Baedeker's Star Ratings

By Joan Milligan

Today’s travelers often strive to stay off the beaten track, to venture where others don’t dare, their Lonely Planet guide disguised in a Kindle reader. But in the 19th and early 20th century, it was de rigueur for the culturally careful to carry a guidebook while in Europe. It would be unforgiveable to miss the important “sights,” a concept guidebook publisher John Murray introduced to his readers. But it was publisher Karl Baedeker who came up with star ratings. Smart travelers would never again need to leave anything to chance when they toured the continent.

One of my favorite literary characters, Lucy Honeychurch, is a Baedeker girl. In E.M. Forster’s Room with a View (1908), she and her chaperone begin their trip to Florence with a distressing realization: their rooms have “no” view. They were promised a view. It is a forbidding sign.

The next morning “lady writer” Ms. Lavish (played by Judy Dench in the movie version), offers to show Lucy to Santa Croce:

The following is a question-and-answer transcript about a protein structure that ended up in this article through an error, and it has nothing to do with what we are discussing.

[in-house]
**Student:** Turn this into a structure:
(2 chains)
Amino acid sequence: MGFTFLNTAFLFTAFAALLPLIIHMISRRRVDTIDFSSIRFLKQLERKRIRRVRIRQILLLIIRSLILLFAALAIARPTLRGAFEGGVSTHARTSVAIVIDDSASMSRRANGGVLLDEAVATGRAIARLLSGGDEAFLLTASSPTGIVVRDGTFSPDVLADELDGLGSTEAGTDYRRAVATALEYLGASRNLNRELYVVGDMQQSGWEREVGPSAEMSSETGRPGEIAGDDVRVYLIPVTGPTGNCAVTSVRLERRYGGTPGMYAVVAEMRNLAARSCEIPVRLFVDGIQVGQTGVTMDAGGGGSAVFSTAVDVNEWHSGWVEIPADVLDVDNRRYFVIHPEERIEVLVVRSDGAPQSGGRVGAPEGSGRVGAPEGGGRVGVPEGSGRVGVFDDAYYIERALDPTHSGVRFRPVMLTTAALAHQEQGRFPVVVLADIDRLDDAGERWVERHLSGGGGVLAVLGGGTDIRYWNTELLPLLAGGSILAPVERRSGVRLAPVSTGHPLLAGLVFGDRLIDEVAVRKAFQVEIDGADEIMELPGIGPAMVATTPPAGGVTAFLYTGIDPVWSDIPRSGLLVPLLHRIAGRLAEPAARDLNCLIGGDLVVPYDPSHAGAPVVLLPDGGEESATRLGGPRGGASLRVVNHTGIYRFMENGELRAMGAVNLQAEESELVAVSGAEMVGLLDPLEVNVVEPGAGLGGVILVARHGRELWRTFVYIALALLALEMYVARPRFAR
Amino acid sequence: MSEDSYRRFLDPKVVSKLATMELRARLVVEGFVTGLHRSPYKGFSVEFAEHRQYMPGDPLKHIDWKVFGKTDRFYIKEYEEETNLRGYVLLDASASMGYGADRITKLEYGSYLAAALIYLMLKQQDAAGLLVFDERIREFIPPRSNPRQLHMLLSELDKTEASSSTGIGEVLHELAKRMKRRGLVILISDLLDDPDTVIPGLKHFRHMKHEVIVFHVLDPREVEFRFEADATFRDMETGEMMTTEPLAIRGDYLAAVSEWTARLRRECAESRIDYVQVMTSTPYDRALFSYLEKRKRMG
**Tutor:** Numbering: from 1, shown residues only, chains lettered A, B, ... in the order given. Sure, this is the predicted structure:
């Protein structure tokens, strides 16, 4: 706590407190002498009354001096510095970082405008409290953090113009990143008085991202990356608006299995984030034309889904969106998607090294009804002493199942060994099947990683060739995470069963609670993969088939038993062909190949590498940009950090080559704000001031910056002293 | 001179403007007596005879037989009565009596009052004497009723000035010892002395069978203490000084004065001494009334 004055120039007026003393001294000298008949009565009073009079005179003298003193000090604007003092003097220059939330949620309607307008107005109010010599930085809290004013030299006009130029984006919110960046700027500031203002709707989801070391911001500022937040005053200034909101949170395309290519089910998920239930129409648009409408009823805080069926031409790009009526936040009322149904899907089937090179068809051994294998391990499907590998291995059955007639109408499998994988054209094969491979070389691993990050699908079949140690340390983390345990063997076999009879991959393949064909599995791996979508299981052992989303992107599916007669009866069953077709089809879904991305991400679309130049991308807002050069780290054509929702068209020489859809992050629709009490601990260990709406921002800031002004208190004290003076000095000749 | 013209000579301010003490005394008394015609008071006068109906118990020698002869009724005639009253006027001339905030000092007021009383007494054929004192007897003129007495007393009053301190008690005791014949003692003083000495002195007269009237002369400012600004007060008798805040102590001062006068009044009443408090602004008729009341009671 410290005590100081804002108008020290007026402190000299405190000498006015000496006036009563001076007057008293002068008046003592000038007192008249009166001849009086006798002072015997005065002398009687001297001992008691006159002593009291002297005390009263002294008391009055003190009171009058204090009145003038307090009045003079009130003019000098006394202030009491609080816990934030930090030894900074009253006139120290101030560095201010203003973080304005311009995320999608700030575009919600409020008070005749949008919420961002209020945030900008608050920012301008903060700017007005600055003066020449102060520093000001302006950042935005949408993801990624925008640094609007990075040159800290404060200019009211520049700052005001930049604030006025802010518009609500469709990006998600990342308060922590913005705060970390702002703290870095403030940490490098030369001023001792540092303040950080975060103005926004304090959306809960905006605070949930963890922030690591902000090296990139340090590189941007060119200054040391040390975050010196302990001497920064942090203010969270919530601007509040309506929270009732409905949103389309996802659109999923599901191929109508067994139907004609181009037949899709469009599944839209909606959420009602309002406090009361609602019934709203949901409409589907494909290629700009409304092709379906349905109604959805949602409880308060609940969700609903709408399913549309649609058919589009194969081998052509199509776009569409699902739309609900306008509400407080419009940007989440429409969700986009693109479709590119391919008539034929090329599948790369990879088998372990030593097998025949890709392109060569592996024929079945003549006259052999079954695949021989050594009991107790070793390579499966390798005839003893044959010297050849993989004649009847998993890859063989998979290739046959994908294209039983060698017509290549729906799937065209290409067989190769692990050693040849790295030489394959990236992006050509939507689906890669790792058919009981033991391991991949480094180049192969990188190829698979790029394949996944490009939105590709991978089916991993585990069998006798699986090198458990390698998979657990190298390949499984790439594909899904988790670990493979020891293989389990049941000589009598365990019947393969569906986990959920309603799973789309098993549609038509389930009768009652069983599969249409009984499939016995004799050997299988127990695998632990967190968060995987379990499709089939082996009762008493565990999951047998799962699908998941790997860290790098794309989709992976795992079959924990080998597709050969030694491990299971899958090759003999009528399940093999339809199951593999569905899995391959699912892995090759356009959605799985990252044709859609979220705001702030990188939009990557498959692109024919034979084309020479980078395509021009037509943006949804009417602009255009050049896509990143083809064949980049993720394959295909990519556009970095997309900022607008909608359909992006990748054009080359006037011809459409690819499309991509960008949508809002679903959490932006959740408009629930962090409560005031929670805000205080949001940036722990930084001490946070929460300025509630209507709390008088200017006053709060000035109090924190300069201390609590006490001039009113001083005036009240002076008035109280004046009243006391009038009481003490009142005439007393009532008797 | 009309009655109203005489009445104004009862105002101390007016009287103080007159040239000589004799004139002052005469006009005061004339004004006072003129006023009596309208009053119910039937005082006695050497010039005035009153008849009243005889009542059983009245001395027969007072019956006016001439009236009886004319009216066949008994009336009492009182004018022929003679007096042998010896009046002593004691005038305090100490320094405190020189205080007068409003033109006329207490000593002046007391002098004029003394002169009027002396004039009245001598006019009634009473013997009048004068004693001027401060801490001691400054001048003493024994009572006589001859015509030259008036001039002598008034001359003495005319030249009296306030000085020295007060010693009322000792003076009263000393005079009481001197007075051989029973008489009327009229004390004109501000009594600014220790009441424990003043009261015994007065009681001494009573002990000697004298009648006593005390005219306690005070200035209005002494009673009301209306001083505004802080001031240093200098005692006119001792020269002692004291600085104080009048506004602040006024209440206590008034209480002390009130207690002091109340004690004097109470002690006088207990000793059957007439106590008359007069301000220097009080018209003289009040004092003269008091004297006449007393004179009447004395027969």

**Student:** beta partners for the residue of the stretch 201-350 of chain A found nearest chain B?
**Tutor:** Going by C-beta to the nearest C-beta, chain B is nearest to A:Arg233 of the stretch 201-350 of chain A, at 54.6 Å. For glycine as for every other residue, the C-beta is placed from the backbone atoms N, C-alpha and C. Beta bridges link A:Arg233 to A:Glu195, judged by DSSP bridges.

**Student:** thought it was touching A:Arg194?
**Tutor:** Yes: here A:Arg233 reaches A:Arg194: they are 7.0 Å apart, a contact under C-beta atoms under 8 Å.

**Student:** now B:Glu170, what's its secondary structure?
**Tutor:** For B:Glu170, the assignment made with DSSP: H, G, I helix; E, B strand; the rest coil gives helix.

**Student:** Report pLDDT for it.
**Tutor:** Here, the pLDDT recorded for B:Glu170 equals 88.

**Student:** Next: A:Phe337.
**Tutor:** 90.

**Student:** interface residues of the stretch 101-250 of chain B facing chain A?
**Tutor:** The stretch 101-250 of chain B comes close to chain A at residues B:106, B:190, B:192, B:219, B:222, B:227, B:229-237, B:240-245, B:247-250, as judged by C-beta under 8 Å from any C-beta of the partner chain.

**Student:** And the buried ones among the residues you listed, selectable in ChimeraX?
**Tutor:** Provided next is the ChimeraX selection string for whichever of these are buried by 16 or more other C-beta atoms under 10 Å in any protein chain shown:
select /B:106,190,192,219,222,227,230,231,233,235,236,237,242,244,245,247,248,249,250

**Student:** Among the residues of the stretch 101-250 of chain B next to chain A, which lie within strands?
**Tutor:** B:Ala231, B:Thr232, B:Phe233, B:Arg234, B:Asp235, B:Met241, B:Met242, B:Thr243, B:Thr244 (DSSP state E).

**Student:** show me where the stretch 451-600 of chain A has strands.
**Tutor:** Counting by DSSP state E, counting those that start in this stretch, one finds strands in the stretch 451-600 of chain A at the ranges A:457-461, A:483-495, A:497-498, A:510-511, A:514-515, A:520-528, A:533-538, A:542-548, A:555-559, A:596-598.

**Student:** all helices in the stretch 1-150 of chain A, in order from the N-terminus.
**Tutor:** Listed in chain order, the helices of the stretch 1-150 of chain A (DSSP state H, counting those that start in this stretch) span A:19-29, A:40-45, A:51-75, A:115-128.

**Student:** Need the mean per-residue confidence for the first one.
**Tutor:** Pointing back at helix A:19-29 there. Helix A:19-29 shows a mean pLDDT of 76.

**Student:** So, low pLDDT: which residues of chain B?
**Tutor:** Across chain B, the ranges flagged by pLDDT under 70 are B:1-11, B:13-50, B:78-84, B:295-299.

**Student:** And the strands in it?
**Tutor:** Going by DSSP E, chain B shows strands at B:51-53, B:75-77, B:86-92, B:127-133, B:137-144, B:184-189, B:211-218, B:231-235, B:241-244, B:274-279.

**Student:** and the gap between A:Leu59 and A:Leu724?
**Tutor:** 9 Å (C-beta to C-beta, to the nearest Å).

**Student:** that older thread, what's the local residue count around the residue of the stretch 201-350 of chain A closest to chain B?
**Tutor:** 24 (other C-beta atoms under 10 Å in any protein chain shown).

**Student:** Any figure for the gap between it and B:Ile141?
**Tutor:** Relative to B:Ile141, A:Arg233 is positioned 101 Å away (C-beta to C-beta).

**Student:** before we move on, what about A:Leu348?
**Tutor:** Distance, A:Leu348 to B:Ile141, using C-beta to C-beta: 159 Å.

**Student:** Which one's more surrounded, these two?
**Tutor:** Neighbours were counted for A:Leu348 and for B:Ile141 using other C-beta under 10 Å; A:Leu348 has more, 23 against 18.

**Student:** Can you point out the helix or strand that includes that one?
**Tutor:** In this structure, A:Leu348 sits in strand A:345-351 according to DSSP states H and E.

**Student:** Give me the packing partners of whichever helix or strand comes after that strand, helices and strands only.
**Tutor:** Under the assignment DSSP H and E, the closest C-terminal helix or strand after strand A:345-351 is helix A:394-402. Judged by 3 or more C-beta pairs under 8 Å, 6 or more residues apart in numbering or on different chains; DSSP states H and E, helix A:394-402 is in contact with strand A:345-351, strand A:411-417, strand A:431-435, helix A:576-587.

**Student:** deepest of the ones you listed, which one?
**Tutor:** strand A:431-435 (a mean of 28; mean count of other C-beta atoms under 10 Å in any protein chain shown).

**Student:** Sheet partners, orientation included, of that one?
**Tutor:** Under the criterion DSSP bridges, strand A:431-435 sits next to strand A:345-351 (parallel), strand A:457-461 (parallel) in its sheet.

Lucy said that was most kind, and at once opened her Baedeker to see where Santa Croce was.

“Tut, tut! Miss Lucy! I hope we shall soon emancipate you from Baedeker. He does but touch the surface of things. As to the true Italy – he does not even dream of it. The true Italy is only to be found by patient observation.”

After losing their way to Santa Croce, which had been visible from their penzione’s window, Lucy again reaches for her guidebook. Miss Lavish insists, “You are not, not, NOT to look at your Baedeker. Give it to me. I shan’t let you carry it.” Moments later Miss Lavish abandons Lucy, left to discover the church on her own:

She walked about disdainfully, unwilling to be enthusiastic over monuments of uncertain authorship or date. There was no one even to tell her which, of all the sepulchral slabs that paved the nave and transepts, was the one that was really beautiful, the one that had been most praised by Mr. Ruskin.

Soon, when she meets up with the Emersons, a father and son also staying at the penzione, it is easy to see that the loss of the Baedeker might turn out to be the best, five-star, not-to-be-missed moment of her trip. George asks, “Have you looked at those saints?” Yes, she says, sharing her discomfort at not knowing which ones the art critic John Ruskin had said were best.

He did not know, and suggested that they should try to guess at it.

Today, Baedeker guidebooks are a "sight" of their own within Roesch Library's collection, full of turn-of-the-century maps, quaint tips, and tidbits. Check out Roesch Library’s Baedeker collection, including this one, a contemporary to Miss Honeychurch’s:

- Joan Milligan, Special Collections Cataloger

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